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Box Elder County has yet to see its first big wildfire of the year, and officials are hoping to keep it that way as the annual fireworks season draws near.

Cool and occasionally wet weather has kept fire danger relatively low so far this year, but with Tuesday’s solstice marking the official beginning of summer, conditions are likely to get more volatile as high heat and low humidity settle in for the season.

Tremonton officials sought to get out ahead of the issue early this year, passing the city’s usual ordinance restricting the use of fireworks at the city council’s May 17 meeting — a full month earlier than usual, even though Utah residents can only light fireworks legally during certain times in July and around New Year’s Eve.

The Tremonton ordinance bans the lighting of fireworks within 100 feet of “sensitive areas,” including the Malad River Bottoms and the Radio Hill area.

At the May 17 meeting, some council members said they would prefer a citywide ban, but state law doesn’t allow it.

Box Elder County implemented a blanket ban on fireworks in unincorporated areas of the county last summer and may do so again this year, but Tremonton Fire Chief Robert LaCroix said cities currently don’t have that option.

“You can restrict certain high-risk areas, but you can’t do the whole city,” LaCroix said. “You can’t supersede state code.”

He said fire chiefs across the state banded together this year in an attempt to get the state legislature to change the law, but their efforts were rebuffed.

LaCroix moved to Tremonton late in 2020 from California, where he said fireworks restrictions are much tighter. Last year was his first Fourth of July in Utah, and he said it was literally an eye-opening experience for him.

“I was up for 36 hours straight. I felt like I was in bomb territory,” he said. “In California, you light a match and everybody’s tackling you.”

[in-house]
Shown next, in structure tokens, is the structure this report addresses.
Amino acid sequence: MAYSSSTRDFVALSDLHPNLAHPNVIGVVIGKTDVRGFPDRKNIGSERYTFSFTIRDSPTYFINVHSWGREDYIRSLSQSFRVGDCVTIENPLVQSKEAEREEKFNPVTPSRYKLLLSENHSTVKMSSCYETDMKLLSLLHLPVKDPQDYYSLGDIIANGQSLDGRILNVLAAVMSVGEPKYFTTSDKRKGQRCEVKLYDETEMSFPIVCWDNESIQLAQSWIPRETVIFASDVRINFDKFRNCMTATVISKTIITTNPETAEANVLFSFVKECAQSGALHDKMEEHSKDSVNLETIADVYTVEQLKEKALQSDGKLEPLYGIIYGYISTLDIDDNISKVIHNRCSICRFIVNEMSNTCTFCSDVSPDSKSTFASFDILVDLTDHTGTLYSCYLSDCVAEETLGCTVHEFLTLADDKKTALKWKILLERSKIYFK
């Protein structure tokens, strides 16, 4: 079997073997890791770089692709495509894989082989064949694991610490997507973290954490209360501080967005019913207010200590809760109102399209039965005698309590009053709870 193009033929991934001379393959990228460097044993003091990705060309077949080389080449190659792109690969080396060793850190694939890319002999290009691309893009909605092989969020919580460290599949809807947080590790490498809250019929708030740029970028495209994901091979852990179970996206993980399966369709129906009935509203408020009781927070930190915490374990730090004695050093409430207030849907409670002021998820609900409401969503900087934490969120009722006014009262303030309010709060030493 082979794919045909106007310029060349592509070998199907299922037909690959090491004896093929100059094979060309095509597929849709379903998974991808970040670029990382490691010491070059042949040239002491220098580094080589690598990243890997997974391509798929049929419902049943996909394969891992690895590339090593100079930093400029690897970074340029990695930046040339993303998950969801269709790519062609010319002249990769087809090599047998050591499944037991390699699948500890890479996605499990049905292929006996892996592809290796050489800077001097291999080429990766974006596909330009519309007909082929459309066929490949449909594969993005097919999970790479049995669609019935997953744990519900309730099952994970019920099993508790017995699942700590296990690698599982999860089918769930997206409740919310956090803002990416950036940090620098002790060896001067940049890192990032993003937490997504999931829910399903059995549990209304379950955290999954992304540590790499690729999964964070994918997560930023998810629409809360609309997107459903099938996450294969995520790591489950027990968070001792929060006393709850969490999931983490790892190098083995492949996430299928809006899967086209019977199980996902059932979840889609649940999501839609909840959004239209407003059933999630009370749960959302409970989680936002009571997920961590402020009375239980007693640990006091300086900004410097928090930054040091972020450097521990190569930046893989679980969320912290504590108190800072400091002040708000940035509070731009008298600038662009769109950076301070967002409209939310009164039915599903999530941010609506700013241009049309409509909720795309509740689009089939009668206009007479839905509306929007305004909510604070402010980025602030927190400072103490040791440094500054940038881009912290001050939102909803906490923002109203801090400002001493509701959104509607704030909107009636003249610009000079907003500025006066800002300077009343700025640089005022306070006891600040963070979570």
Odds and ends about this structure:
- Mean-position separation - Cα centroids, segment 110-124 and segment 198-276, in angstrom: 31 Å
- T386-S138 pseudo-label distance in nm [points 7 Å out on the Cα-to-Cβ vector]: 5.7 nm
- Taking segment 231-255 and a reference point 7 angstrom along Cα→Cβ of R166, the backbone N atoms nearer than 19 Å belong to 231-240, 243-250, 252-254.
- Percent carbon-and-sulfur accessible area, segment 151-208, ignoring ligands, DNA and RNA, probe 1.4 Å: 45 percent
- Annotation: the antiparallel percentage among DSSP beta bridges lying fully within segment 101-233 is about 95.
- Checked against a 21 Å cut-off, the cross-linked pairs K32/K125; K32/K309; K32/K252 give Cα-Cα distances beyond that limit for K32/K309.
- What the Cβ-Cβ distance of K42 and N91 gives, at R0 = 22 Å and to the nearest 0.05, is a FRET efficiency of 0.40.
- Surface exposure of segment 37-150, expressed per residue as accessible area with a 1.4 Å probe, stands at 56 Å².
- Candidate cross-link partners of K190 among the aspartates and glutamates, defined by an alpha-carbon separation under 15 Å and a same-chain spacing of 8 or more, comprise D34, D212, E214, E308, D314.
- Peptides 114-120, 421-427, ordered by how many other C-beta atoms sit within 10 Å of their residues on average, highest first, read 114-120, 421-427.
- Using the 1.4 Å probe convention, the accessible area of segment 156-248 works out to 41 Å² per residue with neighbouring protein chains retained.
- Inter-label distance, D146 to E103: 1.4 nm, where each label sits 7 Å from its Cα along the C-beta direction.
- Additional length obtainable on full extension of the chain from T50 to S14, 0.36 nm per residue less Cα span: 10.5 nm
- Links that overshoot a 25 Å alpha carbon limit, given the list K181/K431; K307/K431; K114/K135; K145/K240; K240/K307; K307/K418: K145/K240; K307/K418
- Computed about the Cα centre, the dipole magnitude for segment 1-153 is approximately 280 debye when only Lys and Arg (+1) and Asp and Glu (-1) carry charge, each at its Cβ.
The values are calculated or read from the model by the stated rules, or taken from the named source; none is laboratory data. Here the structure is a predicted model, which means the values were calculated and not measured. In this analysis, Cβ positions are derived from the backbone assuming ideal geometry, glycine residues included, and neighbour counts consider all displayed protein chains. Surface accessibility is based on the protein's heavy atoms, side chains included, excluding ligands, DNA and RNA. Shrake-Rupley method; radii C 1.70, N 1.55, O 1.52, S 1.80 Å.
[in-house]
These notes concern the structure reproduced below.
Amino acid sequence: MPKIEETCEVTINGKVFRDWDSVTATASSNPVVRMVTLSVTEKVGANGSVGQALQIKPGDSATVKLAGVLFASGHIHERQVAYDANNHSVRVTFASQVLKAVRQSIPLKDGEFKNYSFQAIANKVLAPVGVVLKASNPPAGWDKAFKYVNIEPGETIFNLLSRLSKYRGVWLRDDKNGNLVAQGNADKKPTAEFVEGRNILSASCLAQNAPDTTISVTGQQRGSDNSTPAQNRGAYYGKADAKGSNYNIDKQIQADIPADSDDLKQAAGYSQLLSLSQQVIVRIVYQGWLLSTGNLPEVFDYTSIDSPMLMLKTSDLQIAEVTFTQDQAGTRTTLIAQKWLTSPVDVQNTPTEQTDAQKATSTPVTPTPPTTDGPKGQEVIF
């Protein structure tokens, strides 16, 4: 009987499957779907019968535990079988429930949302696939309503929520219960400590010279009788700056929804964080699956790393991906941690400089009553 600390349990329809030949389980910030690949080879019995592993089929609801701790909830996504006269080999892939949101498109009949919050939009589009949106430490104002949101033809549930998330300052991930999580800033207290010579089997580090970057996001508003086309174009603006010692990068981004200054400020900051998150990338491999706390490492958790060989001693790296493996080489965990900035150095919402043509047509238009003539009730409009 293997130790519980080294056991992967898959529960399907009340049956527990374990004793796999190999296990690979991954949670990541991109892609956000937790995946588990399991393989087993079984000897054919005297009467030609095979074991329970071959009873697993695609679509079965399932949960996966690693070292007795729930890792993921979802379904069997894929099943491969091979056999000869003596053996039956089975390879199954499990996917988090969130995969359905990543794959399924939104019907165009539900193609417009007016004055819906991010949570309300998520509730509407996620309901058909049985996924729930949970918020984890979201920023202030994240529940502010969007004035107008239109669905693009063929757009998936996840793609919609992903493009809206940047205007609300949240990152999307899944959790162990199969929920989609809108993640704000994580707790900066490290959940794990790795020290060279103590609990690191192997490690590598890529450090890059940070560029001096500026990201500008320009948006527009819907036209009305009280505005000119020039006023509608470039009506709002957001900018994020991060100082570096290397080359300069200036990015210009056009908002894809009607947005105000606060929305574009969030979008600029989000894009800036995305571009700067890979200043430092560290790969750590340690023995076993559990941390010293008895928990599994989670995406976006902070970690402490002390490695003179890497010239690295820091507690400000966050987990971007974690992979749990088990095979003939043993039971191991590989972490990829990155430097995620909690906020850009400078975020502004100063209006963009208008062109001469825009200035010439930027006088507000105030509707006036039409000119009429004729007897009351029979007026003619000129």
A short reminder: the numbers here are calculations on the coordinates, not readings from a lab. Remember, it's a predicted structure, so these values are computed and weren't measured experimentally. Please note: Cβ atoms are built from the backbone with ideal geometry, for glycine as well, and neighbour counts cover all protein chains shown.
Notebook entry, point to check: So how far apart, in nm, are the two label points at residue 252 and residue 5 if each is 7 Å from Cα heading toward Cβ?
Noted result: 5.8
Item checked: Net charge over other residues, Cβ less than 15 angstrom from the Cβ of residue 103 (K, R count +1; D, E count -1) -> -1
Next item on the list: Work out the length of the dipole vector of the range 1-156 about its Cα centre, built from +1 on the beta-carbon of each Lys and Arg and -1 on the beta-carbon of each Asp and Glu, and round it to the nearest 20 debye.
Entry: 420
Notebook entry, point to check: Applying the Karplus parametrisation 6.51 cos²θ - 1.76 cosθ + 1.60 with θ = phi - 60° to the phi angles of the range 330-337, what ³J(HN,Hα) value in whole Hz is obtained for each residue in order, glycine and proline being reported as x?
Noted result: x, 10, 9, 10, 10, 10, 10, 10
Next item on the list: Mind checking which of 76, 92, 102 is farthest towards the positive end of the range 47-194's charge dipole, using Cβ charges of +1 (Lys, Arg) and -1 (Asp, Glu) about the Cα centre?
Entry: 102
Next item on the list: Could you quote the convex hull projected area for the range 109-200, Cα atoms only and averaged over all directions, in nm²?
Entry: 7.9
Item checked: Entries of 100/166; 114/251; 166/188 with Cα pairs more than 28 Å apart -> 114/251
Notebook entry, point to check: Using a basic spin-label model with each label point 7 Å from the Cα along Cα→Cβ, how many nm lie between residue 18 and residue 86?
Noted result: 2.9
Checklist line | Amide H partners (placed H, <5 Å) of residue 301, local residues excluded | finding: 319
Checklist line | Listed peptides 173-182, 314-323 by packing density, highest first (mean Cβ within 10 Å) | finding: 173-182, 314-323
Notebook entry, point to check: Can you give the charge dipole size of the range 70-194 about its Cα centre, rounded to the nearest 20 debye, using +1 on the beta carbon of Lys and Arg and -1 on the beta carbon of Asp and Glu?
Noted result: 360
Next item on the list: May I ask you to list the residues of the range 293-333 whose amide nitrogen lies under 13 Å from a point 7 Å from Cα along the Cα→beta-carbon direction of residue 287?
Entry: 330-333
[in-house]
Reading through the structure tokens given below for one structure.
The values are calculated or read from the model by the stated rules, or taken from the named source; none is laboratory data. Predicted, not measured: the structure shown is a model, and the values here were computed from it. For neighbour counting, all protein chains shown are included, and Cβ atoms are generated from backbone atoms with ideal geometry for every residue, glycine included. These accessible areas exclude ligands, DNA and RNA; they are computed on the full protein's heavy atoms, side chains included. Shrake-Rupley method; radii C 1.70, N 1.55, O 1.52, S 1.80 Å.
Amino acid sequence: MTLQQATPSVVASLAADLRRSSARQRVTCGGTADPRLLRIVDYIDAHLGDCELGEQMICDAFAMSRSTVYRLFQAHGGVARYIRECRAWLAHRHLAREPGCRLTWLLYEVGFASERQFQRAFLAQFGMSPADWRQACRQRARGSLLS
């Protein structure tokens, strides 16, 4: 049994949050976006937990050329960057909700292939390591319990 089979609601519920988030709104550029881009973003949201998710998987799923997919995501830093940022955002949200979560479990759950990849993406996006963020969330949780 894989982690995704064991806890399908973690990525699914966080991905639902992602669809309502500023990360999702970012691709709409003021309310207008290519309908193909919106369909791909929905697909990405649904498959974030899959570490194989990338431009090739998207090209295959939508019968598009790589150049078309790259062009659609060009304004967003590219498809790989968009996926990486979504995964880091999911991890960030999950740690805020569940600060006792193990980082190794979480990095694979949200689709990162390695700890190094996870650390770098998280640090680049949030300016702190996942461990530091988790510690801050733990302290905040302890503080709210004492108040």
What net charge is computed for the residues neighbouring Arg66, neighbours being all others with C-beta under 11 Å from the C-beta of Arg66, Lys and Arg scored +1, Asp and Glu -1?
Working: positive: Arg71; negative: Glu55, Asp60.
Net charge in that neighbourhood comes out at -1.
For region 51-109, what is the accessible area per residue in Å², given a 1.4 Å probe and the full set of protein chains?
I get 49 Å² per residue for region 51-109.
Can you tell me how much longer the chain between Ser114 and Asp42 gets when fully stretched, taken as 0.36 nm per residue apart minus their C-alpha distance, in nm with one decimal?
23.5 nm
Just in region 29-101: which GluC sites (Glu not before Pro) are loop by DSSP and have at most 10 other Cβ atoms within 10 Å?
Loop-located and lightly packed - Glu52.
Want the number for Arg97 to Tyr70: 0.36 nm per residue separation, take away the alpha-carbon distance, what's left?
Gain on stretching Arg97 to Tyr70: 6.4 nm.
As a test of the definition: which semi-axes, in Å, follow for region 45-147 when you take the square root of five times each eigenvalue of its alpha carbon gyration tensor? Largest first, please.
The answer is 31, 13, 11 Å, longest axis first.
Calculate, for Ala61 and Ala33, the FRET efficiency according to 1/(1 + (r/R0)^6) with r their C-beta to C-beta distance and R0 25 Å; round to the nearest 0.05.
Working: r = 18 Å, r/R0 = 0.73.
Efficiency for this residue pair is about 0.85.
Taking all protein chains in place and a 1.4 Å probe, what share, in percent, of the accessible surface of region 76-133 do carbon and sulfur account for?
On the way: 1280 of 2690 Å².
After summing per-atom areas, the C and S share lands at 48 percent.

He said the Tremonton Fire Department was fully staffed during July 3-5 last year, and plans to do the same this year in case any fireworks-related problems should arise.

Sales of legal fireworks are allowed under Utah law to begin Friday in advance of the Independence Day and Pioneer Day holidays. Private citizens in non-restricted areas can light them from 11 a.m. to 11 p.m. on July 2, 3 and 5, and from 11 a.m. until midnight on July 4. It’s also allowed during the same hours on July 22, 23 and 25, and until midnight on July 24.

The only other time residents can legally light fireworks in Utah is from 11 a.m. Dec. 31 until 1 a.m. on Jan. 1; and during the same hours on Jan. 31 to Feb. 1 in celebration of Chinese New Year.

Fireworks can be sold in the state from June 24 to July 25; Dec. 29-31; and the two days before and on Chinese New Year’s Eve.

Last Wednesday, the Bureau of Land Management became the first government entity to implement broader fire restrictions, issuing seasonal rules for BLM-managed lands in 12 Utah counties, including Box Elder.

The restrictions on BLM lands ban the use of steel-component ammunition and targets, sky lanters or similar devices, and the operation of off-highway vehicles that aren’t equipped with spark arrestors.

The rain and cool weather that has delayed wildfire season in northern Utah so far is likely to become a double-edged sword as the summer progresses, BLM West Desert District Manager Michael Gates said in a press release.

“Northwestern and central Utah received significant rain this spring resulting in an increase in grass crop compared to last year,” Gates said. “As we move into the hot summer months, we can expect the grass to dry out and result in a rapid increase in fire danger. We ask that all visitors to public lands are diligent in preventing wildfires.”

More restrictions are likely to follow in the coming days and weeks at the state and federal levels, especially those related to campfires.

In addition to tracking wildfires as they occur, the Utah state fire information website maintains a list of fire restrictions in place. This information and more can be found at utahfireinfo.gov

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